Shares of MMJ PhytoTech Ltd. are up 191% this year. In addition to Australia, the company operates in markets including the US and Israel that have regulated medicinal cannabis laws. Auscann Group Holdings Ltd. is up 207% since its IPO and counts Toronto-listed Canopy Growth Corp.as its largest shareholder. Canopy became Canada’s first marijuana unicorn when its market capitalization surpassed US$1 billion last year.
John Athanasiou, chief executive officer at Red Leaf Securities, a Sydney-based brokerage and advisory firm that’s managing the Hydroponics Co. share sale, is betting the rules surrounding medicinal cannabis will be relaxed further.
“The tea-leaves are definitely there,” Athanasiou said by phone, suggesting that cannabis may become as common as getting prescription medicine in the next five years.
UK retail sales rebound in February, pound spikes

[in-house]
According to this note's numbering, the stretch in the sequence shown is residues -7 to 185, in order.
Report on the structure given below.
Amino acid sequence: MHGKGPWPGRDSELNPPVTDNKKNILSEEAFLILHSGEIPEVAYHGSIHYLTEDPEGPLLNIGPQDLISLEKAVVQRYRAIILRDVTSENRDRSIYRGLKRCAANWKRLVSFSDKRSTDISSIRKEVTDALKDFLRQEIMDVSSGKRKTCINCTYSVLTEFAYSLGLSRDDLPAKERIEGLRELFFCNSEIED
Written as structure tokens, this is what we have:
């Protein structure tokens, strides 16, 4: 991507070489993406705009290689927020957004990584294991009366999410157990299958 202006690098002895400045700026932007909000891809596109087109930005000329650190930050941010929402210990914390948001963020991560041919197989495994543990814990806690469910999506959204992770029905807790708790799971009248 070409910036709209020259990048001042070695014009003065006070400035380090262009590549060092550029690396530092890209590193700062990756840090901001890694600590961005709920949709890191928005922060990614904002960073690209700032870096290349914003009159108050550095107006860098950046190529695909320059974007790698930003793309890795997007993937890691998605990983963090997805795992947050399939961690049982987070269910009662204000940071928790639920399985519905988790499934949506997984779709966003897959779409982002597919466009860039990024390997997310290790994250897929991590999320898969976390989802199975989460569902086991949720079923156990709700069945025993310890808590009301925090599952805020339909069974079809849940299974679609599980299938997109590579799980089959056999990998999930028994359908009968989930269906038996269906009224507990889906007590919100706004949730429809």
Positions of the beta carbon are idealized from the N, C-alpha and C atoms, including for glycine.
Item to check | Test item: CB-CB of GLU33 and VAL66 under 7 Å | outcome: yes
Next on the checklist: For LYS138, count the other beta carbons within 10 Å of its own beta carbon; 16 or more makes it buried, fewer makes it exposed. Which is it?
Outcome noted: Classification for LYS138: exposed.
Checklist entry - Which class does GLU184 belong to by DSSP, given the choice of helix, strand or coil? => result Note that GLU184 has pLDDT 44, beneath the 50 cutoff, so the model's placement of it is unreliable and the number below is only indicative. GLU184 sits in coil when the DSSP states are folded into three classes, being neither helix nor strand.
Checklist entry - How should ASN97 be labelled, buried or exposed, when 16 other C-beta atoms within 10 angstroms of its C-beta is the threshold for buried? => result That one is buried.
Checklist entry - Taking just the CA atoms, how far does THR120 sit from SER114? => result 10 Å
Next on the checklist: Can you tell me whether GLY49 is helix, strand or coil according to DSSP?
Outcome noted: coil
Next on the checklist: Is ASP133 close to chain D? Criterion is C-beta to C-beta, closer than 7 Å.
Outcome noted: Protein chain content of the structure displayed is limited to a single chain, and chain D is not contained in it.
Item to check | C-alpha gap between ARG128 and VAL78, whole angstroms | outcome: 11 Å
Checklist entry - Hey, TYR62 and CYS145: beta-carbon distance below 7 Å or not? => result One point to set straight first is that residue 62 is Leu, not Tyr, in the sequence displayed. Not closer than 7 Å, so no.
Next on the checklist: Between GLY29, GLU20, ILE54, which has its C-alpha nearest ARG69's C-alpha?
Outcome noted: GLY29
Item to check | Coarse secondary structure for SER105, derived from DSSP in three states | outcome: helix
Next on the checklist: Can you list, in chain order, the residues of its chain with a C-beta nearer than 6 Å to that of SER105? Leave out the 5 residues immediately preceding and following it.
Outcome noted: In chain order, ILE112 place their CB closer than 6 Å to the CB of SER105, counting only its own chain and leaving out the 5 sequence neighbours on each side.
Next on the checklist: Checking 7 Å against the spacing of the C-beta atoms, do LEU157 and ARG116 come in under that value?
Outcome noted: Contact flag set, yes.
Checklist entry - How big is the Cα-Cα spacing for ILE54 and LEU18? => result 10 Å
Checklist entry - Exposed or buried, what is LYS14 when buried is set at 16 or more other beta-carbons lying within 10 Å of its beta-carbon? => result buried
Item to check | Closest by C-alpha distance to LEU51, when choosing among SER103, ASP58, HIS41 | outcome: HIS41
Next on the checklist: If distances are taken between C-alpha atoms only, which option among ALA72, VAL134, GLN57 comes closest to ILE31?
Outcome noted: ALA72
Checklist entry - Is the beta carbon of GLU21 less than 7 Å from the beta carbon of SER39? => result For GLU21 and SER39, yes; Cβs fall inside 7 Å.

[LONDON] British retail sales rebounded strongly last month despite Brexit jitters, official data showed Thursday, sparking a spike in the pound.
Jho Low family allowed to fight US forfeiture lawsuits
[LOS ANGELES] Family members of Malaysian financier Low Taek Jho were allowed to challenge US attempts to confiscate hundreds of millions in real estate and other investments allegedly acquired with money siphoned from a state investment fund.
WikiLeaks releases CIA hacks of Apple Mac computers
[WASHINGTON] The Central Intelligence Agency is able to permanently infect an Apple Mac computer so that even reinstalling the operating system will not erase the bug, according to documents published Thursday by WikiLeaks.
Judge orders trial for Argentina ex-president Kirchner
[BUENOS AIRES] A judge on Thursday ordered Argentina's former president Cristina Kirchner to stand trial on charges of financial mismanagement.
US tariffs couldn't come at a worse time for India's largest paper maker
Bloomberg - MUMBAI/HONG KONG (March 24): Creditors of India’s largest paper maker Ballarpur Industries Ltd. may face costly unintended consequences from punitive US duties on some of the company’s Asian competitors.